What else happened? Well, I rather enjoyed Rose’s involvement with the black Jazz singer; he was delightfully cast. Daisy’s crush on Alfred (really, Alfred? –when cuter what’s-his-name guy was never good enough for you?) started out amusing enough, but if I am honest it was starting to wear pretty thin by the end of the season. And now Ms. Crawley has a suitor? Are we supposed to care about him or just enjoy watching her squirm whenever he brings her flowers and the like? The Anna/Bates conflict was by far the most interesting story-line this season, but I don’t think they did enough with it. Anna didn’t suspect Bates a little more given the arrows of pure hatred that he was shooting across the table at Mr. Green? Does she, like, know her husband? Did Bates confront the villain or simply push him into oncoming traffic with all the grace and precision of a trained assassin? After all, we now know he is a competent forger, a skilled pickpocket, and a very smooth liar. The season finale certainly could have done more with that, right? Speaking of the season finale, while killing off a main character every time seems far from necessary, I would like to be at least half-way to the edge of my seat waiting to see what will happen in the next season by the time the current season comes to an end. (To be fair though, the season finale did include an impressive number of gorgeous costume changes amid an apparently nonstop string of high-society events.)

As far as season five goes, all we seem to know for certain is that the Edith baby thing will explode (can’t say I’m looking forward to that), and that Mary will be pressured to pick a suitor (blah). They could have thrown some new complication into Mary’s love life (and, no, boring suitor #2 turning out to be super rich does not qualify). Or why not do more with Thomas’ scheming? We get vague threats that he has dirt on the new lady’s maid all season, but we still have absolutely no idea what those secrets might be? Even some revelation into what happened with Edith’s guy would have been appreciated. Is he living a double life? How ‘bout a shot of his body lying in a ditch? Come on, give us something to bite our teeth into! While the creators of the series are still nailing the details like setting, dialogue and humor, I’m afraid that if they don’t put a little more effort into major plot developments –or at least give us a decent love interest to pine after- the glory days of Downton may be forever lost somewhere down that dirt road near the smoking remains of Mathew’s car.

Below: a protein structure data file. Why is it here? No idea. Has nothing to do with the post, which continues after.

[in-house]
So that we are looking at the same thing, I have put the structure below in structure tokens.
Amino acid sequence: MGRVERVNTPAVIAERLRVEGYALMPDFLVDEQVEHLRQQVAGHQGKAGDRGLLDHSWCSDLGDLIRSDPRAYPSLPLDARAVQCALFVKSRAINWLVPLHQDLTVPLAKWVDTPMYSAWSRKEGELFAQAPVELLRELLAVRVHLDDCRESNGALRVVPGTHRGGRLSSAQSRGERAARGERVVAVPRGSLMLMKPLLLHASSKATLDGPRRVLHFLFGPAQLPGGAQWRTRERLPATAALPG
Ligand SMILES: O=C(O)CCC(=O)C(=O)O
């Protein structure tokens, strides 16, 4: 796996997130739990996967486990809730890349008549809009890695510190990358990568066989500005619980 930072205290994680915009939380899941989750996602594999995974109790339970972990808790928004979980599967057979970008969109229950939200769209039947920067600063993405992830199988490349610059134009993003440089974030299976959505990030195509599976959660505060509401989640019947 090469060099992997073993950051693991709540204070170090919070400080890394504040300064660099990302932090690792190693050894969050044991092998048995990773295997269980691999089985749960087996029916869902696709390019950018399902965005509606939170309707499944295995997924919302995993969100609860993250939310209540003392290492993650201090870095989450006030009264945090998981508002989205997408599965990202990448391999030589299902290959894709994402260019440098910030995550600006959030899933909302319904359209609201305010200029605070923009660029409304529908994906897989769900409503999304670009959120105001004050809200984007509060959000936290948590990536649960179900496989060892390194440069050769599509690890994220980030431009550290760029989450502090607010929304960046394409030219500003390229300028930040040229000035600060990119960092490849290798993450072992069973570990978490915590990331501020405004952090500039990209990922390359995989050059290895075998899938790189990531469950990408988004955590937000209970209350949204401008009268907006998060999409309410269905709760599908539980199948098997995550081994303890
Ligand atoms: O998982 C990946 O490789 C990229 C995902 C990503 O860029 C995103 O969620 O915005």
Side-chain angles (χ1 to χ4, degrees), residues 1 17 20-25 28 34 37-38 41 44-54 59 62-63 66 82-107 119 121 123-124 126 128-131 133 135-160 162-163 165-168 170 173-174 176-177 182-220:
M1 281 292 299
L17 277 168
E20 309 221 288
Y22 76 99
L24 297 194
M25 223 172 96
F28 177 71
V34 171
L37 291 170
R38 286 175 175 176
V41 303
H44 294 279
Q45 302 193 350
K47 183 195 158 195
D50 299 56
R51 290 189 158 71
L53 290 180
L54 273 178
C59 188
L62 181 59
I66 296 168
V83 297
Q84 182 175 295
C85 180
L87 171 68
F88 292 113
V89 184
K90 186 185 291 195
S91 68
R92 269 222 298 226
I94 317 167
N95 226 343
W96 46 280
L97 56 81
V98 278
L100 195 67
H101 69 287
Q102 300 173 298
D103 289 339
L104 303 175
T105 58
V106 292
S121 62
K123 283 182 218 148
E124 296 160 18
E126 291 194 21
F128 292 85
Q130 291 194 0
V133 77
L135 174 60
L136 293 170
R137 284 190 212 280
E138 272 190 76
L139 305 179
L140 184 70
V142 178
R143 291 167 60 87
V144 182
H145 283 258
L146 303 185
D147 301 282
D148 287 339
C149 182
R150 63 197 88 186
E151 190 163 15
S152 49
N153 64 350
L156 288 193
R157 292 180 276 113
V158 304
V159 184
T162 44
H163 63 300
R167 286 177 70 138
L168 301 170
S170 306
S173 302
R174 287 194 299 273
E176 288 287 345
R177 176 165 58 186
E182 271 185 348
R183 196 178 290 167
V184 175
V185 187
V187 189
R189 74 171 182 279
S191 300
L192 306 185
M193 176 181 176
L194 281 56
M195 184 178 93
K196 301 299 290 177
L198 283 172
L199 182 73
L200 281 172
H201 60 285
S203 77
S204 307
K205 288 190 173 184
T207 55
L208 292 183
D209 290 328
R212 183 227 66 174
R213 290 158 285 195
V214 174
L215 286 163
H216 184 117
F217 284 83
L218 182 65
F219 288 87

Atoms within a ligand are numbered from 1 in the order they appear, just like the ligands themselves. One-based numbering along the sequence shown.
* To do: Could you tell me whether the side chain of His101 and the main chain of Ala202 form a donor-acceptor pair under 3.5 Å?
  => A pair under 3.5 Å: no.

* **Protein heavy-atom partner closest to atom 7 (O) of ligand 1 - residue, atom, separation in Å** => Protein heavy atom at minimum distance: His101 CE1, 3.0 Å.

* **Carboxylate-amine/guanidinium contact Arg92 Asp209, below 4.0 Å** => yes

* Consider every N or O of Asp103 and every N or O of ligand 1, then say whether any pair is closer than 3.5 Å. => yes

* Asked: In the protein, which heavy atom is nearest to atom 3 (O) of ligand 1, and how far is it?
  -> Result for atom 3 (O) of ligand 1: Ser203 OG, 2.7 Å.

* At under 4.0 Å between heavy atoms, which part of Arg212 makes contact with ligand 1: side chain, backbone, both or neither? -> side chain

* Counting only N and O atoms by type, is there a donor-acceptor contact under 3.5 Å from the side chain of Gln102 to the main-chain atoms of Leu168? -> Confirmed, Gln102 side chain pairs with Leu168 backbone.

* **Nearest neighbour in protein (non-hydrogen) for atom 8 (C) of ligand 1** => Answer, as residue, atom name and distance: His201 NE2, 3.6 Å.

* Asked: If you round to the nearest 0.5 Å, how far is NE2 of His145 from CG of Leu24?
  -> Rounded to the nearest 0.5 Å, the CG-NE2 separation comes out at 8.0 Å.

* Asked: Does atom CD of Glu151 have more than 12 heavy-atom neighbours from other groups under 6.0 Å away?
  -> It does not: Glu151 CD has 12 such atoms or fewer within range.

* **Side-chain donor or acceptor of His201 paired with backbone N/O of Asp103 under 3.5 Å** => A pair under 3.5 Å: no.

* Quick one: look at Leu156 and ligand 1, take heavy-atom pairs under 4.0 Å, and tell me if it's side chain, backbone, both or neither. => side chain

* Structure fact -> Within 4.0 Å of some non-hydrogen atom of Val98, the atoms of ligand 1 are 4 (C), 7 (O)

Wednesday, October 30, 2013

Current Thoughts on The Affordable Care Act

I hope you don’t mind hearing my two-cents about The Affordable Care Act. But there is just so much fear-mongering going on about it (e. g. “this will be the worst disaster our country has ever seen, mark my words!”) and also a whole lot of talk of lost liberties (e.g. “you will not be able to keep your exact same plan and coverage, waaa!” –btw, yes, you  may have fewer plan options and your premiums may go up, but you will likely be getting more benefits in return such as lower deductibles, prescription drug coverage, etc.). Of course there's also a lot of Obama-slamming and political garbage going on too (e.g. "Obama deceived the American people, blah, blah, blah"). All that aside though, here's the way I see it; this new Act has a lot of potential to increase liberties, give Americans more options, and empower a lot of people. As just one example, let’s say I wanted to quit my job (also assuming that I was currently working outside of the home) and start a private speech therapy practice. Before, fear of not being able to pay for insurance while getting things up and running might have been a big deterrent. With the new system though, a “safety net” is put in place so that health care is not such a worry while my income is temporarily so low (because I will be getting a government subsidy). Once I build up a clientele and am back on my feet again, I can start paying back into the system. If I am paying more at that point, I don’t think I would mind so much. Also, doing something progressive about our currently 30 million uninsured Americans is a pretty big deal in my book. And you realize that we have been paying for those uninsured Americans all along –every time one steps into an E.R. and can’t pay the bill- right? Remember that we are starting from one of the worst healthcare cost situations in the rich world (we pay about twice per capita of what other countries pay, while still managing to have many Americans declare bankruptcy every year over medical expenses or simply get by without adequate care). It's nuts. We need to move to a better system, even if it isn't a perfect one.